- Michigan Fraternities Sever Ties With University
- Update on USC Deferred Recruitment Case
- House Democrats Propose New Legislation
- No More Women's Groups at Harvard
- Interesting Settlement from Utah State
- Indiana District Court Denies MSJ in Sexual Assault Case
- Guilty Pleas at Penn State
- Two High Courts Address "special duty" to Students
- Lawsuit Filed by Gruver Family
Newsletter > September 2018 > "Interesting Settlement from Utah State"
Interesting Settlement from Utah State
Settlements of lawsuits are not unusual. They are often frequently preferred to the uncertainty and huge expense of protracted litigation. Settlements, when opposing parties agree, can include provisions requiring parties to do things that a court decision could not. For instance, the parties could agree to implement certain changes in practices instead of simply recovering monetary damages. And it is not unusual for one party to settle while claims remain pending against other parties.
But in a somewhat unusual move, Utah State University (USU) recently settled a sexual assault case against the University, Sigma Chi, the fraternity chapter, it’s alumni foundation, the chapter house corporation, numerous individuals named as John Does, and the assailant, Jason Relopez. USU agreed to pay the plaintiff, Victoria Hewlett, and her attorney, $250,000.00,1 but the settlement didn’t end with the monetary payment. USU agreed to numerous other steps, including a joint op -ed statement and a series of changes in how USU interacts with Greek organizations. Under the settlement agreement, all Greek organizations will be required to be recognized and approved as official university student organizations. Each chapter will be required to submit a report once a semester, including the summer semester, identifying “all known allegations or reports of misconduct, including sexual or other misconduct; all known allegations or reports of alcohol or controlled substances; actions taken by the chapter to internally address report of misconduct and infractions; descriptions of actions taken by the chapter to prevent sexual harassment, underage drinking and alcohol and substance abuse; and the chapter’s GPA.”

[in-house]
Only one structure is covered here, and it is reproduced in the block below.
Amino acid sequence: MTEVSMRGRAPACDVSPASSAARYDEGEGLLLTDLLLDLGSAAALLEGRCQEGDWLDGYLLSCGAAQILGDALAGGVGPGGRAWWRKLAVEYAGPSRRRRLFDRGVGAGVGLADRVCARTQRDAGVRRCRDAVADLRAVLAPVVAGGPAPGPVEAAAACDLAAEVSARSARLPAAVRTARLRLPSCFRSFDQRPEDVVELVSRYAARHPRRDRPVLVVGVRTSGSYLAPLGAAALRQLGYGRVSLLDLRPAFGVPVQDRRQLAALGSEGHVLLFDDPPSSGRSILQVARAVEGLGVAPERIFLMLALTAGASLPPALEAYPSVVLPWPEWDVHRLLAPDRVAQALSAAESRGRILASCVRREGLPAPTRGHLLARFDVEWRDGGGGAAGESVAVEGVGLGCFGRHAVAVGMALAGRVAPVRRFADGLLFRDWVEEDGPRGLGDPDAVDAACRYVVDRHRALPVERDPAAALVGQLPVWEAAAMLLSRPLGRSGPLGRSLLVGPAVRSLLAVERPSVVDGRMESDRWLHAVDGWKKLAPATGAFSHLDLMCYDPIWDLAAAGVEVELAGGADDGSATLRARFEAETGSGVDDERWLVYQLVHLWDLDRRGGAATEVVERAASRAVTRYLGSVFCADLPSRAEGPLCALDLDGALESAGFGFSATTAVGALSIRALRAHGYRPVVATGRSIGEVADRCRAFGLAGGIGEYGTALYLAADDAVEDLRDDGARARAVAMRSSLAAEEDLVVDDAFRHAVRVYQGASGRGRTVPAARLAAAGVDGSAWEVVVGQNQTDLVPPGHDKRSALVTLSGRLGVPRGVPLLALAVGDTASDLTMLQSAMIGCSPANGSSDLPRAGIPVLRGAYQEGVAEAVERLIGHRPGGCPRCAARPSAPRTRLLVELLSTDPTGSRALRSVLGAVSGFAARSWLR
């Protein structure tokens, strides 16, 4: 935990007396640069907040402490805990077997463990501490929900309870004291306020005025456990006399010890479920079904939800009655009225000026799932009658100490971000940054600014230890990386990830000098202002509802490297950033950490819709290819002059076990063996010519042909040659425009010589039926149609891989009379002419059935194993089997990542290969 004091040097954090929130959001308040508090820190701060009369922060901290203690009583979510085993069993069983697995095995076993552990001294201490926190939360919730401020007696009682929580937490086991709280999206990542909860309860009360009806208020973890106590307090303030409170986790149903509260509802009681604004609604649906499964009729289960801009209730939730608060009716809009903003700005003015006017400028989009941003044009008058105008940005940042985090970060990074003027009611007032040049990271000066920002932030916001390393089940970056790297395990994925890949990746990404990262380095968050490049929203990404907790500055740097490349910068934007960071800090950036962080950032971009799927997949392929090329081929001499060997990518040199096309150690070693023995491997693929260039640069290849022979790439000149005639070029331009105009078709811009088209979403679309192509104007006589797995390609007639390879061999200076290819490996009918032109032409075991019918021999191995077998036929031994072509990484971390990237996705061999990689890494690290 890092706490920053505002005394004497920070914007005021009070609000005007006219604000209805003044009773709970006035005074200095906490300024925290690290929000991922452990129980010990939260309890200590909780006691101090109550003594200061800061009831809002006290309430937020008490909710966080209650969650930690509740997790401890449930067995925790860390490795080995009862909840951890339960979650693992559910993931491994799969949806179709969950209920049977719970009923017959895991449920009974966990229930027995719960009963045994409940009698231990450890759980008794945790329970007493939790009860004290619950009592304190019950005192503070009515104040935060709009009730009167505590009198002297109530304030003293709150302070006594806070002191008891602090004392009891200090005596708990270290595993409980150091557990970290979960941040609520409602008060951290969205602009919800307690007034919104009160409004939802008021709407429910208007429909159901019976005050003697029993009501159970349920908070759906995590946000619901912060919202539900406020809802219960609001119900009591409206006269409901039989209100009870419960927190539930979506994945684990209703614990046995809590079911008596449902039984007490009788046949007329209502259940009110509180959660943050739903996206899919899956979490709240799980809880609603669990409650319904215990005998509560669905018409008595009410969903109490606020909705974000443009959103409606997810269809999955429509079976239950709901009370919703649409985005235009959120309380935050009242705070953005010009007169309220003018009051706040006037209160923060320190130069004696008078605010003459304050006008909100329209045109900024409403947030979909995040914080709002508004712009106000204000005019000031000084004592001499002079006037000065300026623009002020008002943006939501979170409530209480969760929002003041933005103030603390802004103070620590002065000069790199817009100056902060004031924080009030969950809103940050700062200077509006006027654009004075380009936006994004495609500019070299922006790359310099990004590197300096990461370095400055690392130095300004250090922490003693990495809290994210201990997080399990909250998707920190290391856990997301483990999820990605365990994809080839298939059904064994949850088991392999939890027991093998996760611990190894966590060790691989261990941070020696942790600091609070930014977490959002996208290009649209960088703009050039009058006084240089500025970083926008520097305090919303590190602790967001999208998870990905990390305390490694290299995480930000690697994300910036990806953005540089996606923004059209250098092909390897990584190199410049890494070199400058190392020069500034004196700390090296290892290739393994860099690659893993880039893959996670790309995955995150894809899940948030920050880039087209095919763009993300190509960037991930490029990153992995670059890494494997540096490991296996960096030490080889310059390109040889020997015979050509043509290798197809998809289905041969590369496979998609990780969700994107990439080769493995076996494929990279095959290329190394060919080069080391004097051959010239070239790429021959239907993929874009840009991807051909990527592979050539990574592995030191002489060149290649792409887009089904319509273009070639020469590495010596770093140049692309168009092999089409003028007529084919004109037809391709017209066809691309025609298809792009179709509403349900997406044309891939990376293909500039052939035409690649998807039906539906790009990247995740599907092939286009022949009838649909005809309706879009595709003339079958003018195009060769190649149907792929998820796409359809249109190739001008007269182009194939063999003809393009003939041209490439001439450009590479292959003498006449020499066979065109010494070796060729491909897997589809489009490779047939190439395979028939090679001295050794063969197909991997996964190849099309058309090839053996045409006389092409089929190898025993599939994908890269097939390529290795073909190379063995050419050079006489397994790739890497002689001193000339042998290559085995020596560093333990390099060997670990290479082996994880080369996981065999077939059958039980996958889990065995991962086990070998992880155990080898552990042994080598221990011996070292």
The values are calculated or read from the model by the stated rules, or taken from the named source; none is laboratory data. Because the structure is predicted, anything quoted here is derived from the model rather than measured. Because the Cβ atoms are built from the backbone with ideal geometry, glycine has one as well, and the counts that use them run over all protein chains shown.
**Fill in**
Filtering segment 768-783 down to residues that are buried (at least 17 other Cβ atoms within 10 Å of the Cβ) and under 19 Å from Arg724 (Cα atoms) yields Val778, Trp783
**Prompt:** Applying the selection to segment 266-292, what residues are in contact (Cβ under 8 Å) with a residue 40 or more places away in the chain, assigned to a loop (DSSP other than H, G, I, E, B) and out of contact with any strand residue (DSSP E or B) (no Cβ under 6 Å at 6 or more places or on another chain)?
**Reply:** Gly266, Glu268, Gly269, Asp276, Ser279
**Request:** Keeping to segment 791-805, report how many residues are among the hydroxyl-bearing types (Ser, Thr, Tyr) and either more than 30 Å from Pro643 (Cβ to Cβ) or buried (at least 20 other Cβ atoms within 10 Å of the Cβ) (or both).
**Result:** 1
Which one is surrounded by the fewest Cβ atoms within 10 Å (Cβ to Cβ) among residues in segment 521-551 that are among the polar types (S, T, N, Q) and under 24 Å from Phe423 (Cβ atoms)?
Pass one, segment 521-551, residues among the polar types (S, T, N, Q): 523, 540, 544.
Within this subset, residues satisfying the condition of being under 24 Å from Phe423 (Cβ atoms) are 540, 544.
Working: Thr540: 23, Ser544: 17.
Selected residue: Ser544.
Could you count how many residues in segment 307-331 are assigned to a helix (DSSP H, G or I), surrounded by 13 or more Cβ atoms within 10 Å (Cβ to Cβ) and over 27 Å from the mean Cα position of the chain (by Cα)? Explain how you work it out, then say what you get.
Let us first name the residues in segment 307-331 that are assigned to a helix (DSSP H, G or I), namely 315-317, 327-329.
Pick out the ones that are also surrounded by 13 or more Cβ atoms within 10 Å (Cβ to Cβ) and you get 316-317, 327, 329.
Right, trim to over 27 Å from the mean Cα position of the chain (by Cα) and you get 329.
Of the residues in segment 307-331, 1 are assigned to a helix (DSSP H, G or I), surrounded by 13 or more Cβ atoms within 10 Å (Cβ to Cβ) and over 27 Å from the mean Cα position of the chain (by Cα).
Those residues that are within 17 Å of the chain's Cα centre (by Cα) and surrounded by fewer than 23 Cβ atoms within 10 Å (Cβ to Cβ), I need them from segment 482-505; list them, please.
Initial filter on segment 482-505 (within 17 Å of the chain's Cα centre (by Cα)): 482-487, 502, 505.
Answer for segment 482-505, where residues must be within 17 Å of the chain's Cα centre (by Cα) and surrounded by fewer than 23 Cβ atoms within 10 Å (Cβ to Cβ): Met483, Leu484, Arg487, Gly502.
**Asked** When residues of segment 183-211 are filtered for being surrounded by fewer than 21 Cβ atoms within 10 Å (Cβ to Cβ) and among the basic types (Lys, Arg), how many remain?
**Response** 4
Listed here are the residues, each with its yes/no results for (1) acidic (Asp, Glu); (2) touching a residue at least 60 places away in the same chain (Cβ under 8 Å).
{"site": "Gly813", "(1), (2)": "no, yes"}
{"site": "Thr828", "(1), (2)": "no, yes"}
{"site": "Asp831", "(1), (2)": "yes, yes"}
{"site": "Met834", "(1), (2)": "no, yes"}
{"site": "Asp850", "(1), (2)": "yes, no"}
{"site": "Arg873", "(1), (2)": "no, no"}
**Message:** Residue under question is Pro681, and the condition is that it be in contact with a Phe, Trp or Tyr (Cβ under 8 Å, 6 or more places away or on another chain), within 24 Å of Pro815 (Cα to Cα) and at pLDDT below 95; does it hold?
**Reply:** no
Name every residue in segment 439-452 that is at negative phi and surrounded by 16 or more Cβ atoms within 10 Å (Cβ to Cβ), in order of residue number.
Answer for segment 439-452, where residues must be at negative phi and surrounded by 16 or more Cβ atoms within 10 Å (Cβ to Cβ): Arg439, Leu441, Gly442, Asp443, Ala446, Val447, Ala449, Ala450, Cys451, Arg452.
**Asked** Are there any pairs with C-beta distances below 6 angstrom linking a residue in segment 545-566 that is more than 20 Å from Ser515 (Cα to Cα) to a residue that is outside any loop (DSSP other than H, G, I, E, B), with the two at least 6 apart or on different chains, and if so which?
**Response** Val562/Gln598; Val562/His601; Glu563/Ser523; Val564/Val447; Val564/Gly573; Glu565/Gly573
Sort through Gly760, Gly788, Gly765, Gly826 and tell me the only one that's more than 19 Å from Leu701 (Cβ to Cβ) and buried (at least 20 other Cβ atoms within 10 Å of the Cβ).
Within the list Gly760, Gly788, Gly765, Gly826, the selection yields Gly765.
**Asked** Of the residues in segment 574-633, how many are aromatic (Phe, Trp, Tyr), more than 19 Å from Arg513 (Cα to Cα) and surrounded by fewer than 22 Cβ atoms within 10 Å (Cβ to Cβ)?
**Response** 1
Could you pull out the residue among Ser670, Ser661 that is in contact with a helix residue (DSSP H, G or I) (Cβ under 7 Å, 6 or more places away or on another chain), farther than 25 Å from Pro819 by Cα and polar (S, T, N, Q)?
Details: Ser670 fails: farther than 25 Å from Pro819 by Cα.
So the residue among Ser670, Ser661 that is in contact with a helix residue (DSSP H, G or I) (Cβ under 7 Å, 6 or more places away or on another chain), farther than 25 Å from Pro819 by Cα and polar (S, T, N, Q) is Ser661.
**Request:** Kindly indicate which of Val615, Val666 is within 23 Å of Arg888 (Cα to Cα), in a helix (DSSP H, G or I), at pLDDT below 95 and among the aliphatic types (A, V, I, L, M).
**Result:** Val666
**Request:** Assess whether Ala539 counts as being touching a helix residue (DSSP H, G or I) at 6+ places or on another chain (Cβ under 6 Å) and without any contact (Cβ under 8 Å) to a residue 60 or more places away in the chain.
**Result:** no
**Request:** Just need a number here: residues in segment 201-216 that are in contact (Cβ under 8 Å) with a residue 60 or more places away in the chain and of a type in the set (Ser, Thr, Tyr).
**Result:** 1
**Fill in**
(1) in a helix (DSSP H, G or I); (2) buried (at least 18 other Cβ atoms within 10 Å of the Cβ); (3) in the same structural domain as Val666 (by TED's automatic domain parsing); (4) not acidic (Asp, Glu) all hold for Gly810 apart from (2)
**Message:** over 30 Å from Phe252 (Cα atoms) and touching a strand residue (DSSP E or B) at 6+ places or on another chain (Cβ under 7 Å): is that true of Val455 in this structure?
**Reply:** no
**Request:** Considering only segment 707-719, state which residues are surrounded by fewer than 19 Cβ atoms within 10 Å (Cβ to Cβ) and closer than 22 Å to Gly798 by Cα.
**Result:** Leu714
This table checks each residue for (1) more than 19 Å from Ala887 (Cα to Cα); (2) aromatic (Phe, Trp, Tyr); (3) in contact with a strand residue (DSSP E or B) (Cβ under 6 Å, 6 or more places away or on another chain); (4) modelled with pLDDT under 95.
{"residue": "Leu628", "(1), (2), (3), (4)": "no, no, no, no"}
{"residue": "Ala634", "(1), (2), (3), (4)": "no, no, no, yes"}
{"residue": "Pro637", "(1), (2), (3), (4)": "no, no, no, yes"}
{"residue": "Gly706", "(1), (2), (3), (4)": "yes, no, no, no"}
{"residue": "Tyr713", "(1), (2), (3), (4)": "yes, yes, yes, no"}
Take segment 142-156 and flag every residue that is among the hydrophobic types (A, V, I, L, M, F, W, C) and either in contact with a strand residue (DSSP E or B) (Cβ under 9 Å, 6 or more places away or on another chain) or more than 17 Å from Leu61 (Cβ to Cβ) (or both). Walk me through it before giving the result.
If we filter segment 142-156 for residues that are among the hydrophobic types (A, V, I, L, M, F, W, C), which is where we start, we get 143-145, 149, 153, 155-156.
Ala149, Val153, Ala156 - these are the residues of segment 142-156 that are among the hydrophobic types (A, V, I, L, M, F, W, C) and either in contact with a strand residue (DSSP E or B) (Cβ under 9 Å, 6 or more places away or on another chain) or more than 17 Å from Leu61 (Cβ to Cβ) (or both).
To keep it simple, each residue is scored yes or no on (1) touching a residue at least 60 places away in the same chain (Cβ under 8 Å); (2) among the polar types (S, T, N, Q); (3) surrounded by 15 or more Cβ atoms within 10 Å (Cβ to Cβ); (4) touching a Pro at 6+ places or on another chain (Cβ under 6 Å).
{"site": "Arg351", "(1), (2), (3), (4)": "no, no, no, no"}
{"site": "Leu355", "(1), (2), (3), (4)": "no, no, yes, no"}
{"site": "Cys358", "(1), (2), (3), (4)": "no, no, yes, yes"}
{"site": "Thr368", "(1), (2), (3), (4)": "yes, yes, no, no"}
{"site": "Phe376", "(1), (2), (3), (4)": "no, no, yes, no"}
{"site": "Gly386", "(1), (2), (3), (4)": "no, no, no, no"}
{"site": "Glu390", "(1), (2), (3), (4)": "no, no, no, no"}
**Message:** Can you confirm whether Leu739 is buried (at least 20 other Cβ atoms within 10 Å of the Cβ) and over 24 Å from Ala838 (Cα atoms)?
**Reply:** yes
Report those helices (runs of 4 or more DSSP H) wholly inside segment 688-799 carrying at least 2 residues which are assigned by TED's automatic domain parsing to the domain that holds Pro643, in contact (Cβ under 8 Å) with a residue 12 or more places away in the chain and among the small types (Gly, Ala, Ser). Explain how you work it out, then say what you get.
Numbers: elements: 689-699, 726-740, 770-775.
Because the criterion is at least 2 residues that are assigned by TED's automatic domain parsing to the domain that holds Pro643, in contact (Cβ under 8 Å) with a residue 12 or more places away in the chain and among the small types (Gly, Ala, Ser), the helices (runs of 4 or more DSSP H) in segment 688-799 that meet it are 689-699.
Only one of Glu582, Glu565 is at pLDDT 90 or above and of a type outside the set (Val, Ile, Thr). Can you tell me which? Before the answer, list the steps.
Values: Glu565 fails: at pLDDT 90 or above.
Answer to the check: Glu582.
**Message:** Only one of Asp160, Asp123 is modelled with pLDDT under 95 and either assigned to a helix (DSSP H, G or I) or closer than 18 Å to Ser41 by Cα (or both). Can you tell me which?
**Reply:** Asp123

The settlement also requires that each chapter must agree to allow “periodic, random, unannounced inspection by representatives of USU” of their houses.
USU also agrees to hire new full-time Greek Life Coordinator; provide trauma informed training for its employees; conduct an annual campus climate survey; require all students to take primary prevention training on sexual harassment; and provide “annual training and sexual harassment for all high-risk groups, including, but not limited to, all members of fraternities and sororities, and student members and staff of athletic programs.”
USU is also required to hire a consultant to develop training in sexual harassment prevention and response. Surprisingly, Hewlett’s attorney will pay $10,000.00 towards the consultant’s fees.
While some of the terms of the settlement may certainly be helpful, other terms are concerning, particularly because they appear to have been entered into without appropriate consultation with those who will be impacted by the settlement. At least two of the provisions appear to violate the constitutional rights of USU students who belong to Greek organizations. Specifically, contrary to USU’s new policy, fraternity chapters at a state university whose members are otherwise in compliance with all university regulations and laws cannot be required to be recognized by the university without violating the Freedom of Association rights of those students. Could the university require that all religious organizations which their students belong to must be recognized by the university? Of course not. It would be a violation of the student’s First Amendment Freedom of Speech and Freedom of Association rights, in addition to being a violation of their Freedom of Religion rights.
Similarly, the requirement that privately-owned chapter houses are subject to “periodic, random, unannounced inspections by a representative of USU,” appears to be a clear violation of the student’s Fourth Amendment Rights “to be secure in their persons, houses, papers, and effects, against unreasonable searches and seizures.”2 The provision of the settlement that such inspections “shall occur at least twice during each semester, including summer semester, during times when formal or informal social gatherings are expected, does not eliminate the Constitutional violations” does not comply with the Fourth Amendment.